471 F.3d 469 (3rd Cir. 2006), 06-4497, Morgan v. Gay

Docket Nº:06-4497.
Citation:471 F.3d 469
Party Name:Sarah MORGAN, on behalf of herself and all others similarly situated v. Dennis W. GAY; Gina Gay; Basic Research, L.L.C.; Ban, L.L.C.; Klein-Becker, USA L.L.C.; Covaxil Laboratories, L.L.C.; Carter-Reed Company, L.L.C., a/k/a The Carter-Reed Company; A.G. Waterhouse, L.L.C.; Alphagenbo Tech, L.L.C.; Body Forum, L.L.C.; Body Innoventions, L.L.C.; Cov
Case Date:December 15, 2006
Court:United States Courts of Appeals, Court of Appeals for the Third Circuit
 
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Page 469

471 F.3d 469 (3rd Cir. 2006)

Sarah MORGAN, on behalf of herself and all others similarly situated

v.

Dennis W. GAY; Gina Gay; Basic Research, L.L.C.; Ban, L.L.C.; Klein-Becker, USA L.L.C.; Covaxil Laboratories, L.L.C.; Carter-Reed Company, L.L.C., a/k/a The Carter-Reed Company; A.G. Waterhouse, L.L.C.; Alphagenbo Tech, L.L.C.; Body Forum, L.L.C.; Body Innoventions, L.L.C.; Covarix, L.L.C.; Bydex Management, L.L.C.; Nutrasport, L.L.C; Sovage Dermalogic Laboratories, L.L.C.; Western Holding, L.L.C.; George Evan Bybee; Daniel B. Mowrey, Ph.D; Nathalie Chevreau, Ph.D; Mitchell K. Friedlander; Michael Meade, Appellants.

No. 06-4497.

United States Court of Appeals, Third Circuit.

December 15, 2006

Submitted Pursuant to Third Circuit L.A.R. 34.1(a) November 27, 2006.

On Appeal from the United States District Court for the District of New Jersey District Court No. 06-cv-01371, District Judge: The Honorable Garrett E. Brown, Jr.

Page 470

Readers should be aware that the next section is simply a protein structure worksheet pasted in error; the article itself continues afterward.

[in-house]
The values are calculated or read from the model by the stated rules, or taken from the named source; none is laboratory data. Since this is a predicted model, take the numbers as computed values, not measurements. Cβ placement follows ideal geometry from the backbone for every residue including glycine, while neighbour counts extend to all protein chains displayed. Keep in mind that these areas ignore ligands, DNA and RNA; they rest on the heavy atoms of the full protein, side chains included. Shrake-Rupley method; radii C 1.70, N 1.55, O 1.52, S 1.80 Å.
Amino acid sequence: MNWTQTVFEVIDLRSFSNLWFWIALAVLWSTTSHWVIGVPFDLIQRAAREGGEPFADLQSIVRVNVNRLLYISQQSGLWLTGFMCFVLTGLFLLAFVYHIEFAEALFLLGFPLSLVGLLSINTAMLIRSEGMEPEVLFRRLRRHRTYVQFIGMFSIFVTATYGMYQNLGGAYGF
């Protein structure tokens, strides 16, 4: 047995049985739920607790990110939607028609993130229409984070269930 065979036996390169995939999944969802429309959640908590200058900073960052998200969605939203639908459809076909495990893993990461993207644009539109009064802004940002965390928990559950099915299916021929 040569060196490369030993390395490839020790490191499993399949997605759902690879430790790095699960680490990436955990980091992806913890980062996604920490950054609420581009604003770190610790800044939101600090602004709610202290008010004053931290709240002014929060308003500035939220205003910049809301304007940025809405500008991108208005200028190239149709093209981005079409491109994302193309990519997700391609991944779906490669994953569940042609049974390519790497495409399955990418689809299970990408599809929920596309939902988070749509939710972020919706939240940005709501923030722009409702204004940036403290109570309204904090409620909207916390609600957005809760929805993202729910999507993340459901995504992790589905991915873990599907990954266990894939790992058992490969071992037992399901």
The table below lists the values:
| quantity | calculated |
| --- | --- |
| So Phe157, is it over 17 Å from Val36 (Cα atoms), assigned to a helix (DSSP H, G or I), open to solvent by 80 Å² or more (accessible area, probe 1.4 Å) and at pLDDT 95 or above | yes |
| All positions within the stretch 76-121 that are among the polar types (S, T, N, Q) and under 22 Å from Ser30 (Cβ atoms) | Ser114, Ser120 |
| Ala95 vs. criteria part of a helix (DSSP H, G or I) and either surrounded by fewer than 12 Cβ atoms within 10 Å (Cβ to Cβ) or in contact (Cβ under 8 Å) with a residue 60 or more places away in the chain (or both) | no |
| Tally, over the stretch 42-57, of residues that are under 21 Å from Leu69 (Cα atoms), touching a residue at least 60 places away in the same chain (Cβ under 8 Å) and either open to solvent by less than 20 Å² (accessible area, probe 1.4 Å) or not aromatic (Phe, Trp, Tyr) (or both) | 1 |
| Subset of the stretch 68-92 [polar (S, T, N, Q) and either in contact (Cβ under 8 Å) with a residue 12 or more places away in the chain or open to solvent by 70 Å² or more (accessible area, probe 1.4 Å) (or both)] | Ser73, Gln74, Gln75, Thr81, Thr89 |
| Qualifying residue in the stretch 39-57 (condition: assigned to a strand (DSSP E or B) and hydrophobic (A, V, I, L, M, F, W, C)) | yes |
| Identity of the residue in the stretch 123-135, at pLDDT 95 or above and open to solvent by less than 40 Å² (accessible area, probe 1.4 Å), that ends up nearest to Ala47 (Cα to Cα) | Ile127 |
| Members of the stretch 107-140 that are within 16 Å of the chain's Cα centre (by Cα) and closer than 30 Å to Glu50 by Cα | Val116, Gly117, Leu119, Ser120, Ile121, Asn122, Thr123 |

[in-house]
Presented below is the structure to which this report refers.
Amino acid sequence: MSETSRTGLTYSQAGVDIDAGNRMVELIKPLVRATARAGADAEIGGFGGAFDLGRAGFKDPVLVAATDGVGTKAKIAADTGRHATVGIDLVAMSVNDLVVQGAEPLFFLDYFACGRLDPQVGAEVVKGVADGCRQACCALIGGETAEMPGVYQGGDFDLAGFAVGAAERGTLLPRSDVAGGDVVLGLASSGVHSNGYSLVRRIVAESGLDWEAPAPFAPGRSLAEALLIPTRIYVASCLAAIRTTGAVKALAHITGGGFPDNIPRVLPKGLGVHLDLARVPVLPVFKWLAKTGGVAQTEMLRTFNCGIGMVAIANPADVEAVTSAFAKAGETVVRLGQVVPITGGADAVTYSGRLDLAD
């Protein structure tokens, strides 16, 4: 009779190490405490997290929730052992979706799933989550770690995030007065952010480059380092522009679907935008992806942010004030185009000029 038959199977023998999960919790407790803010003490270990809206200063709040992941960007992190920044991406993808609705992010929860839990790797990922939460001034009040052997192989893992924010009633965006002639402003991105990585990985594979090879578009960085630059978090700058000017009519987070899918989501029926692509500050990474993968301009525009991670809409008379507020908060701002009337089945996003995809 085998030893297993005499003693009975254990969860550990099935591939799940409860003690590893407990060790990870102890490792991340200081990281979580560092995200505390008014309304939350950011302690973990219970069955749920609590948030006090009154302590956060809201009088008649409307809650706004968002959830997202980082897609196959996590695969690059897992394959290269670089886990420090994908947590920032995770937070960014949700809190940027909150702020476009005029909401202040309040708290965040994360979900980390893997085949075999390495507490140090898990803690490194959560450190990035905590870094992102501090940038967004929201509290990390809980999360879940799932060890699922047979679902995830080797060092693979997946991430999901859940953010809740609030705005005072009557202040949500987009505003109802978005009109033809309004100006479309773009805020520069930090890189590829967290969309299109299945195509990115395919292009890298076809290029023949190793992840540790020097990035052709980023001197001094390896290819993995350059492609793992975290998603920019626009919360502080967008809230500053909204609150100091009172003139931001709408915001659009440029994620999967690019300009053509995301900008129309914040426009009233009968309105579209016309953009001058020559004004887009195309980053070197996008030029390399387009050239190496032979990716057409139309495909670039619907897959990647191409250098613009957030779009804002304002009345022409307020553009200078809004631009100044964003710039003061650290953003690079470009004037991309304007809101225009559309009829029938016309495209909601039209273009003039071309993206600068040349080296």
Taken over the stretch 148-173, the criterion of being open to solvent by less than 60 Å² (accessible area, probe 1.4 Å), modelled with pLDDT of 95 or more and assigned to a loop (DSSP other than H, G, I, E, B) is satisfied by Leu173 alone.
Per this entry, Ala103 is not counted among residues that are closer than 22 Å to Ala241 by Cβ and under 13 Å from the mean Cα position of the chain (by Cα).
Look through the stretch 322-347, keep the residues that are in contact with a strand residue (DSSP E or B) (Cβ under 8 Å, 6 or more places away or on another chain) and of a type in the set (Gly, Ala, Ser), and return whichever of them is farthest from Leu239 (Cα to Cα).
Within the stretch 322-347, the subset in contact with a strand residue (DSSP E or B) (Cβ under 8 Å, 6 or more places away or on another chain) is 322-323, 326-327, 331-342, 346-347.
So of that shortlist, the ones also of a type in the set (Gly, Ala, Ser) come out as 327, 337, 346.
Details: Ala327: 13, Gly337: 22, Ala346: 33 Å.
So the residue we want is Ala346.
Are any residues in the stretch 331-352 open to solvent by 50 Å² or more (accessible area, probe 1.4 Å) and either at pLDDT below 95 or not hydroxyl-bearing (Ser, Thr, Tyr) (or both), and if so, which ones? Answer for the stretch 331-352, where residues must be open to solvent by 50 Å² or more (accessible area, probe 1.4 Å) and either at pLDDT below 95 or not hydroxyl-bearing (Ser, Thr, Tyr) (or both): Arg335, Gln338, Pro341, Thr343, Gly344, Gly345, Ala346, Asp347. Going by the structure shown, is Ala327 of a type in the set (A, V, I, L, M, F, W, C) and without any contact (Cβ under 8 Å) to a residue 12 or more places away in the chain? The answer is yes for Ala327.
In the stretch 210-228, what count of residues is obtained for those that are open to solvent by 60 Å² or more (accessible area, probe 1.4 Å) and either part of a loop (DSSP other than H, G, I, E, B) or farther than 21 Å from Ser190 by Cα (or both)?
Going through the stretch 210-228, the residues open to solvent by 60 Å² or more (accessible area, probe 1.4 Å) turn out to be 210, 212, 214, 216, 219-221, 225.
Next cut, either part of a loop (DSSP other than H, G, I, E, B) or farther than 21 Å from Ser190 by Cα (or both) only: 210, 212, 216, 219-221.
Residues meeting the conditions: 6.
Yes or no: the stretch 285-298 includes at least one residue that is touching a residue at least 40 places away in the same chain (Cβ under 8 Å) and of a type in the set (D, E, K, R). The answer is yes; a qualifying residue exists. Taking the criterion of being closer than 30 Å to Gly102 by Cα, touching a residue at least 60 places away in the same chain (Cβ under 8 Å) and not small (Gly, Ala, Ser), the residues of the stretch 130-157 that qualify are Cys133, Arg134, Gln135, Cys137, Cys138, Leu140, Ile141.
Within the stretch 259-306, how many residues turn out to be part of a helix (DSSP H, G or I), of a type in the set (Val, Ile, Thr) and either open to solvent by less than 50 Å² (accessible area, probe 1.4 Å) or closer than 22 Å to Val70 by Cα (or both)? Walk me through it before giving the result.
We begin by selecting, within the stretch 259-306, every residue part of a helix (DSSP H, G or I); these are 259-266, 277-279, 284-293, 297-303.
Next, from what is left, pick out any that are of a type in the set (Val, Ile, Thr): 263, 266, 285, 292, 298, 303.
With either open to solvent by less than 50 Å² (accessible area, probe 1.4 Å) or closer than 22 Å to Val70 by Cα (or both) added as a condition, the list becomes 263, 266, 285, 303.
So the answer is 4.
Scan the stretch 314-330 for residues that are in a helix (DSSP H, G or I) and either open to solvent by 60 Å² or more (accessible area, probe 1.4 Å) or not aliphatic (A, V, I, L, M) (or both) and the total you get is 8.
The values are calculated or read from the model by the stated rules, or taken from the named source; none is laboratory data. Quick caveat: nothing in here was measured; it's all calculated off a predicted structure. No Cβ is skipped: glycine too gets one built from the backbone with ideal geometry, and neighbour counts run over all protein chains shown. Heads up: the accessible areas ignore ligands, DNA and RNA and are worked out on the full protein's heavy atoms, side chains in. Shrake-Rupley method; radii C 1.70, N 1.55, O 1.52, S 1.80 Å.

John M. Agnello, Kerrie Heslin, Carella, Byrne, Bain, Gilfillian, Cecchi, Stewart & Ostein, Roseland, NJ, Christian H. Gannon, Walter H. Swayze, III, Robert J. Kenney, Maria C. Carlucci, Segal McCambridge Singer & Mahoney, LTD., New York, NY, for Appellants.

Jeffrey I. Carton, Jill C. Owens, Meiselman, Denlea, Packman, Carton & Eberz, PC, White Plains, NY, for Appellee.

Before: BARRY, SMITH, and NYGAARD, Circuit Judges.

OPINION

SMITH, Circuit Judge.

I.

This appeal requires us for the first time to interpret certain provisions of the newly-enacted

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Class Action Fairness Act of 2005 (CAFA), Pub. L. No. 109-2, 119 Stat. 4 (2005) (codified in scattered sections of 28 U.S.C.). Specifically, after the defendants removed the case from state court to the District Court, the plaintiff moved to remand to state court.1 That motion was granted. Because we agree that the District Court properly placed the burden of proof on the defendants to establish federal subject matter jurisdiction under CAFA, and appropriately determined that the defendants failed to prove that the plaintiff's claims exceeded CAFA's amount in controversy requirement of $5 million, we will affirm.

II.

We repeat verbatim the District Court's recitation of the facts of this case because of its brevity and accuracy:

This civil action is based upon false advertising claims by New Jersey purchasers of the skin cream StriVectin-SD. Plaintiff asserts violations of the New Jersey Consumer Fraud Act, N.J.C.A. 56:8-1, et seq., as well as claims under Common law fraud, unjust enrichment and breach of express and implied warranties. Originally, the instant action was filed as a nationwide class with representatives in New York, Ohio, Indiana, Mississippi, Texas, New Jersey, Illinois and Vermont. Plaintiff's chosen forum for the original Complaint was the United States District Court, Southern District of New York. At that time, Defendants moved to transfer the action to the District of Utah, based upon a related case previously filed in that district and because all Defendants maintained residences and/or principal places of business in Utah. Defendants' venue motion was ultimately granted.